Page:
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Russian aviation re-engages in Ukraine amid rising losses

In a significant shift on the Ukrainian front, Russian combat aviation has made a noticeable return following a period of relative withdrawal. This tactical change by Moscow has led to an increase in aerial engagements, resulting in a high number of Russian aircraft losses at the hands of Ukrainian forces during February. Despite limited use since the conflict's outset, and with Ukraine awaiting the delayed delivery of American F-16 fighter jets now scheduled for June 2024, Russia appears to be revising its strategy.
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Su-57 and MiG-29M2 during the celebration of the centenary of the Russian Air Force in 2012 (Picture source: Vitaly Kuzmin)

During the siege of Avdiivka, a village in the Donetsk oblast, Russian aviation played a pivotal role by providing close air support, aiding in the village's capture on February 17th. This tactic marks a shift from Moscow's initial preference for unmanned long-range weapons, as noted by Stéphane Audrand, due to the risks faced by manned platforms in the Ukrainian environment.

The increase in Russian aerial operations, particularly the use of manned aircraft to bomb the front lines, signifies a notable tactical evolution from the conflict's first two years. This strategy comes at a cost to Moscow, with the Ukrainian Air Force reporting the highest losses of Russian aircraft since October 2022, totaling 13 destroyed planes in February 2024. Among these losses are two Beriev A-50 detection aircraft, a significant blow to the Russian military given their limited number of six units in service.

The Beriev A-50, known to NATO as "Mainstay," is a Soviet-era airborne early warning and control (AEW&C) aircraft, developed to replace the Tupolev Tu-126 "Moss." It is built on the framework of the Ilyushin Il-76 transport plane and made its inaugural flight in 1978. The same year, information about the aircraft was leaked to the Western Bloc by Adolf Tolkachev. It was formally introduced into service in 1985, with production reaching around 40 units by 1992.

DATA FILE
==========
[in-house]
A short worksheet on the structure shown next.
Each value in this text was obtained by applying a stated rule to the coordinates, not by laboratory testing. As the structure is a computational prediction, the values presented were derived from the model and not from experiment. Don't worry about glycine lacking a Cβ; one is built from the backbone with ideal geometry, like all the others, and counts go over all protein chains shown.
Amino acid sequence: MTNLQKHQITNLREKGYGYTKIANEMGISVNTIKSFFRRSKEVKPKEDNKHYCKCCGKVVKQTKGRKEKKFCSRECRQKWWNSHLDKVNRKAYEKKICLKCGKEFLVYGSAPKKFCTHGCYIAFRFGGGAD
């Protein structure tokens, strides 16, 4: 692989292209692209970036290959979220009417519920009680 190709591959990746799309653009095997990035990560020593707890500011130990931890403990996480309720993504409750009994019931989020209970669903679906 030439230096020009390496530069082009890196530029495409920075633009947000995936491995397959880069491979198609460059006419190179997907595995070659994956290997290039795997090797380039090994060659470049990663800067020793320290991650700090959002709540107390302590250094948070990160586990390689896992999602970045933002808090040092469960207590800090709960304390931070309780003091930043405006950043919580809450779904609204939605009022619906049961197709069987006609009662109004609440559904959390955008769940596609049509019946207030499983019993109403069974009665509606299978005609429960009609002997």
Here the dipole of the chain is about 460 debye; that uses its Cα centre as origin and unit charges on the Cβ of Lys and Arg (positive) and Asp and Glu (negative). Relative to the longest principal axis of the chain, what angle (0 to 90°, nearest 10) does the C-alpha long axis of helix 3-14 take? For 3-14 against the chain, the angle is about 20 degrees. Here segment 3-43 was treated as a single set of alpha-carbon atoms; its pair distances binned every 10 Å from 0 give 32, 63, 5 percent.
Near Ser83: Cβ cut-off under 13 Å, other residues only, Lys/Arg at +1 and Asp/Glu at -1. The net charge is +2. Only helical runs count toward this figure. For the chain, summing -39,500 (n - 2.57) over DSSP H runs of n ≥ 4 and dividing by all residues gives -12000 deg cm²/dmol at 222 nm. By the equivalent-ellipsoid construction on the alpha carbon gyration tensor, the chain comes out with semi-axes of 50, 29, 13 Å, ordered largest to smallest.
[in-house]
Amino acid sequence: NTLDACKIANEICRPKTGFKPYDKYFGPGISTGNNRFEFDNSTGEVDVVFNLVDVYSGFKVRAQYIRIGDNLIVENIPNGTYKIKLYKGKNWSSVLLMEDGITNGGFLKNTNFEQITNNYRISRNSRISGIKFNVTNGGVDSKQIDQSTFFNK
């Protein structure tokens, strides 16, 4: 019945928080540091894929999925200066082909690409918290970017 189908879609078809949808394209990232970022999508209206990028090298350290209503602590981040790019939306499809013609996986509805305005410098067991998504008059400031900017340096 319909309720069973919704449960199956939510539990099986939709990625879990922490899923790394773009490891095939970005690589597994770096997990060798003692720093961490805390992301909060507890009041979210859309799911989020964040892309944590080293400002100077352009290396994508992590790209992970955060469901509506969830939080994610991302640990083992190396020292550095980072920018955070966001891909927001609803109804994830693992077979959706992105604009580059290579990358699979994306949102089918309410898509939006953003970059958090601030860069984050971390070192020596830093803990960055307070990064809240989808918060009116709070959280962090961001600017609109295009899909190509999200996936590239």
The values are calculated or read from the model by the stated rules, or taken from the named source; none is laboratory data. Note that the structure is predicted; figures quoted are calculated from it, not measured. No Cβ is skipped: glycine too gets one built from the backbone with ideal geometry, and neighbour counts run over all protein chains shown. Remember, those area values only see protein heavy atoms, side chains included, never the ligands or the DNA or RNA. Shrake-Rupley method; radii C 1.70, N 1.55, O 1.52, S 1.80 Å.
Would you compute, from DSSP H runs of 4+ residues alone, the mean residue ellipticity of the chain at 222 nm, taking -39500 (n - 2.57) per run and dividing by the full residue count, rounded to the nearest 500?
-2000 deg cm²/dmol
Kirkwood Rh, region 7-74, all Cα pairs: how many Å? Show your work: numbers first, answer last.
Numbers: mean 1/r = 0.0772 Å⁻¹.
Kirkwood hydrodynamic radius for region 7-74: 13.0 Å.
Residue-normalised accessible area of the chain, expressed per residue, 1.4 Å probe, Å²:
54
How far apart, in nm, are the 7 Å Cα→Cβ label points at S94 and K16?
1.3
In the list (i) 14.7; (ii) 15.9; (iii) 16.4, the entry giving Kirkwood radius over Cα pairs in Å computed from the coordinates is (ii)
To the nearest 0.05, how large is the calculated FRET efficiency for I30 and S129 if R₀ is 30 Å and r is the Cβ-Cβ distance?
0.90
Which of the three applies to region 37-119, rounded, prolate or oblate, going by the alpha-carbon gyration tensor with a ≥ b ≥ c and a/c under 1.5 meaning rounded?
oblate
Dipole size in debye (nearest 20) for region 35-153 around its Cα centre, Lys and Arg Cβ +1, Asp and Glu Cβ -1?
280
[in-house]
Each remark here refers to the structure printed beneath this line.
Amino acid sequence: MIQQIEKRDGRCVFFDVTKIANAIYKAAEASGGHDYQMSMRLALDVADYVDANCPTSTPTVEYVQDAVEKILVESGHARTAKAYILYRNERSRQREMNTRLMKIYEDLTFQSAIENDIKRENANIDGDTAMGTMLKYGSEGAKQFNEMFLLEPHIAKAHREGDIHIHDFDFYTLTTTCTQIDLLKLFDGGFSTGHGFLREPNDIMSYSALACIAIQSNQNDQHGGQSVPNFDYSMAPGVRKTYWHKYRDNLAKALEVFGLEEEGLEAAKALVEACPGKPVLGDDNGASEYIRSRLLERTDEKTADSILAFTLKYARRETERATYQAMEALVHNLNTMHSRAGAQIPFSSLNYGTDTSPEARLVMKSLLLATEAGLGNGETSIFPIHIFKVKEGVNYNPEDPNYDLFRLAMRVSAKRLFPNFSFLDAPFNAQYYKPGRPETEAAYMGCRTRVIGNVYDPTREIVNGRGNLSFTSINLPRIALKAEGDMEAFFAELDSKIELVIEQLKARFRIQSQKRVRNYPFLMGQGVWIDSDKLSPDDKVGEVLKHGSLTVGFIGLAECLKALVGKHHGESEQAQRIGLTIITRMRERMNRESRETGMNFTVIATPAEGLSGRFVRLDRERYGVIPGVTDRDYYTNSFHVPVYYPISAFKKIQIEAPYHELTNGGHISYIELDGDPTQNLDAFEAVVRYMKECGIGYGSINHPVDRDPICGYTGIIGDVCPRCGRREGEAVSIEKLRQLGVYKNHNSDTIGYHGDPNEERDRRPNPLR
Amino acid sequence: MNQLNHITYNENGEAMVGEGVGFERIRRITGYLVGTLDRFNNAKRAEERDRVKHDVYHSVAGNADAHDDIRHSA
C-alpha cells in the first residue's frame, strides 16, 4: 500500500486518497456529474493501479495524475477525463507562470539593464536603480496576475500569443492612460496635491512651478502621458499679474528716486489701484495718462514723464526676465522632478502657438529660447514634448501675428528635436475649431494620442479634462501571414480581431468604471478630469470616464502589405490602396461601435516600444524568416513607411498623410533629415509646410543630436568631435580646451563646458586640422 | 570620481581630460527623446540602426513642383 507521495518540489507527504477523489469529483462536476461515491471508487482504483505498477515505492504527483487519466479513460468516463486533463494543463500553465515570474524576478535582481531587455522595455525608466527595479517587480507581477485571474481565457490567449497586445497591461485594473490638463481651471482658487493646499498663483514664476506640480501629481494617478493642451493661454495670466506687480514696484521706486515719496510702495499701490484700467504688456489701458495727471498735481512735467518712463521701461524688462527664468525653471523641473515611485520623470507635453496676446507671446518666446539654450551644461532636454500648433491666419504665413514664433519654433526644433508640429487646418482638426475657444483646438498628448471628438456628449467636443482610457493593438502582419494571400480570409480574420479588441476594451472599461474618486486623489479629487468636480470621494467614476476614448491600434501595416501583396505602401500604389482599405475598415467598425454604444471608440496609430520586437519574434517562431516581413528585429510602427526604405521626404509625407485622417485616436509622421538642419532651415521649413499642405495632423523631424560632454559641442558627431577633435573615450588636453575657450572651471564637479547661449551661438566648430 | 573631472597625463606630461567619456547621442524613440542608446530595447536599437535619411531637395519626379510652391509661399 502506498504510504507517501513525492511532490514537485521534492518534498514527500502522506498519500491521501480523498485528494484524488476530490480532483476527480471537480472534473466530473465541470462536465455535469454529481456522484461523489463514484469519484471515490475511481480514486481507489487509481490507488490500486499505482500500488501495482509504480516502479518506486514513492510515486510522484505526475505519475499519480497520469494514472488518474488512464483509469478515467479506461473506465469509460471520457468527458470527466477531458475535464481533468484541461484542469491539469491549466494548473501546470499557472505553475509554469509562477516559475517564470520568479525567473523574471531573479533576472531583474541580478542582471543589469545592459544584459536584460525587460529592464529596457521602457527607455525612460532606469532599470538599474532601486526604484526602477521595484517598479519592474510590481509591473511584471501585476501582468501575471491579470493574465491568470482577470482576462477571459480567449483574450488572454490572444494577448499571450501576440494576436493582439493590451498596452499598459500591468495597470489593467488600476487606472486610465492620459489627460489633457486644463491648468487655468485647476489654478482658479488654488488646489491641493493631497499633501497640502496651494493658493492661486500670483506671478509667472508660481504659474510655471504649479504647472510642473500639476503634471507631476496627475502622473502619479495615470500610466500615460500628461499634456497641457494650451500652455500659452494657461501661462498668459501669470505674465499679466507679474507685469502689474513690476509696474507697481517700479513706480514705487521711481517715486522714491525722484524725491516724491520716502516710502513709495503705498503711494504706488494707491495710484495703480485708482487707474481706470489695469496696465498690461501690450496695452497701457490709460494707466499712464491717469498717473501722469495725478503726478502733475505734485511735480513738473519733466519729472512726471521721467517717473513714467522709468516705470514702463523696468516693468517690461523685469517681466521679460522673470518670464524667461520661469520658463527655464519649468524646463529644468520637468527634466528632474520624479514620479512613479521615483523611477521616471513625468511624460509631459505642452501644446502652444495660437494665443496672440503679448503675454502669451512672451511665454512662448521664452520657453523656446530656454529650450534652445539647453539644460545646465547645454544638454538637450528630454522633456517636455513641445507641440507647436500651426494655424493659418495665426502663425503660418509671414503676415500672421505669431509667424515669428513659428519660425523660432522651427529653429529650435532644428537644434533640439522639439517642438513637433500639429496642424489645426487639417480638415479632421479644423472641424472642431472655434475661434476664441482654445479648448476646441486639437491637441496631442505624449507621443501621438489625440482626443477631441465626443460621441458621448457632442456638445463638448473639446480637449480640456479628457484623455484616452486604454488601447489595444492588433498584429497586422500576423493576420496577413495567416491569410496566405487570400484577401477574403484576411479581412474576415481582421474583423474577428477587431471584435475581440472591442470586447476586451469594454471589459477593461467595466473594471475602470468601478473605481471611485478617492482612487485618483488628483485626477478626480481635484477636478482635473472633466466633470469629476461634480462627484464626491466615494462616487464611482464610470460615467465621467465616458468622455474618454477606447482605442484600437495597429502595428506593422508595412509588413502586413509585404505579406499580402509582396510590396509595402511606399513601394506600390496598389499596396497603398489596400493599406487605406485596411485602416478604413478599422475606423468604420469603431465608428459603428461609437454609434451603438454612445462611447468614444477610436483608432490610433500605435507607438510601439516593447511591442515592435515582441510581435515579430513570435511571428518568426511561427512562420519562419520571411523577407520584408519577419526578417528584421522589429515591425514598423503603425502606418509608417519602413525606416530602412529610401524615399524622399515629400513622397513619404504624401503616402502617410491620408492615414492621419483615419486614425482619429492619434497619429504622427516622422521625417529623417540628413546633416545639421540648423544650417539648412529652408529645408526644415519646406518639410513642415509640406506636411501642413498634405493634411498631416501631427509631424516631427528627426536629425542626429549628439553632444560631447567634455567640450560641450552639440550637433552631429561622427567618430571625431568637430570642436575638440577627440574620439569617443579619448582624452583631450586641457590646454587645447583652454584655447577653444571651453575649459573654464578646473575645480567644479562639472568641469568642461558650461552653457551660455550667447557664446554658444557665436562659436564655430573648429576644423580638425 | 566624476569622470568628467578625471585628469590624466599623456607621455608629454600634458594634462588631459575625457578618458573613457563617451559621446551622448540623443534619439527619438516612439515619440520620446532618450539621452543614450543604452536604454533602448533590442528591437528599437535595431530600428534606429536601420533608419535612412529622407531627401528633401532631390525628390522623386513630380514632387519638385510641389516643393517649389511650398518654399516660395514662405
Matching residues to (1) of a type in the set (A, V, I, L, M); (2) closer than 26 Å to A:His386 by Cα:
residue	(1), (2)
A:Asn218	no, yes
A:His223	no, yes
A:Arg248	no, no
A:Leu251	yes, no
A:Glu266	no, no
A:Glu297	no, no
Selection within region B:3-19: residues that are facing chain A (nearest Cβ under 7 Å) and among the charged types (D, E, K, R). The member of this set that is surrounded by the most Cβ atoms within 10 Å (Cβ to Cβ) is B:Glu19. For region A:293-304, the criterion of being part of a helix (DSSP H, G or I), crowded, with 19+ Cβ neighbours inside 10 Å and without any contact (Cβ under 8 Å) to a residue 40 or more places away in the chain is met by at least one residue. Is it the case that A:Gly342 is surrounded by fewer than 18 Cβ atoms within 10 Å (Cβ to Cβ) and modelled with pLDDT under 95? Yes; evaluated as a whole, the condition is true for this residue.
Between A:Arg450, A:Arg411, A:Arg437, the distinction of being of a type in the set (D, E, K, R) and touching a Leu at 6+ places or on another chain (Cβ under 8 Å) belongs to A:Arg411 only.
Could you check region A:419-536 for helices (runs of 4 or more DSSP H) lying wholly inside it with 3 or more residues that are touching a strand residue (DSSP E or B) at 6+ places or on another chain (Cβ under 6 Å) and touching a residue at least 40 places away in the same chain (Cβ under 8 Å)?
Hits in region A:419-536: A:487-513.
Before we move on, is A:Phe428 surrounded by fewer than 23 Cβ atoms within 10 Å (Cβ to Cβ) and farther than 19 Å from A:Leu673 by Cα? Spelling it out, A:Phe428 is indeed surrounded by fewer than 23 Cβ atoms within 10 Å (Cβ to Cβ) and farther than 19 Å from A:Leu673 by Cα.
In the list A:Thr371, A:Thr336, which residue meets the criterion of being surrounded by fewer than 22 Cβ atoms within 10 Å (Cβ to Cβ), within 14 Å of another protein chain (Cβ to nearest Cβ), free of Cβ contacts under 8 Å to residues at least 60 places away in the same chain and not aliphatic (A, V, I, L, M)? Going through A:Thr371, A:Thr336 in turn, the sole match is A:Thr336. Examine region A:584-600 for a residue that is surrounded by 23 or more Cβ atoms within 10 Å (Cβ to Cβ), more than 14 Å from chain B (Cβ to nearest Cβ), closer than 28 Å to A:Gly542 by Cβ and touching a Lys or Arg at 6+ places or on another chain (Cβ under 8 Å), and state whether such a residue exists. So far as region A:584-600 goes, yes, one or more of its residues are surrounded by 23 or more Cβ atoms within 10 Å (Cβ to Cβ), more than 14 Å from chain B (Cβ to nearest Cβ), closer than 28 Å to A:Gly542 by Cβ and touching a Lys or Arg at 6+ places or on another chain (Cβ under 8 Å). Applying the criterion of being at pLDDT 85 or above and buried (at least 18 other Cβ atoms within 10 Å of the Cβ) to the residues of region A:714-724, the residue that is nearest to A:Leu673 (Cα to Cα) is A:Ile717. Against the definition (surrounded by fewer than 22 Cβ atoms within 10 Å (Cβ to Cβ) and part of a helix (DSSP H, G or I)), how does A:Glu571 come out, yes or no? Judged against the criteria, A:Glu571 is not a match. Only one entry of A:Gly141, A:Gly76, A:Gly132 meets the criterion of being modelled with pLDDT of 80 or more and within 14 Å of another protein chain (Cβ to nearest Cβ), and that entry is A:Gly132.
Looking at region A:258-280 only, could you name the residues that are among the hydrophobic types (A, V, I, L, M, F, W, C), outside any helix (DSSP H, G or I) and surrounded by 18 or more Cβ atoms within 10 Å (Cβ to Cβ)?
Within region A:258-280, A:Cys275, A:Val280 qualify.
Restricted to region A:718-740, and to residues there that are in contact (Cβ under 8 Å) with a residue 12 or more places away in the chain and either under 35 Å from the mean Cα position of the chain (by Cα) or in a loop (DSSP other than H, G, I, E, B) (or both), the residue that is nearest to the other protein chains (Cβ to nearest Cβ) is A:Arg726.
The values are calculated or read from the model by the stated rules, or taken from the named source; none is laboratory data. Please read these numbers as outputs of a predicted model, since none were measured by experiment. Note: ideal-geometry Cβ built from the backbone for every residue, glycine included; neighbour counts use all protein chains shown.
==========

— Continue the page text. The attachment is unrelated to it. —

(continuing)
A modernized version, the A-50U, began development in 2003, with official state testing starting on September 10, 2008, utilizing the "37 Red" aircraft from the Russian Air Force as its prototype. This updated model boasts enhanced digital avionics instead of the previous analog systems, significantly improving data processing speed, signal tracking, and the ability to detect targets. Additionally, the A-50U offers better facilities for the crew, including upgraded resting spaces, improved toilet facilities, and a galley.

Despite these losses, which have not all been confirmed, they seem insufficient to halt Russian aerial operations. Russia boasts an arsenal of about 300 Sukhoi fighter jets and tactical bombers. However, the losses of pilots and air force personnel, estimated at 159 by mid-February, present a challenge in terms of capability for the Russian military, according to the Royal United Services Institute for Defence and Security Studies (RUSI).

We can attribute the high rate of Russian aircraft destruction to more frequent sorties near the front lines and to Ukraine's enhanced anti-aircraft defense capabilities. France has strengthened these capabilities by sending, between February 24, 2022, and December 31, 2023, a medium-range air defense system (SAMP/T), six Mistral missiles, and two Crotale NG ground-to-air missile batteries to Kyiv. This Western assistance plays a crucial role in Ukrainian resilience against the intensification of Russian aerial operations.

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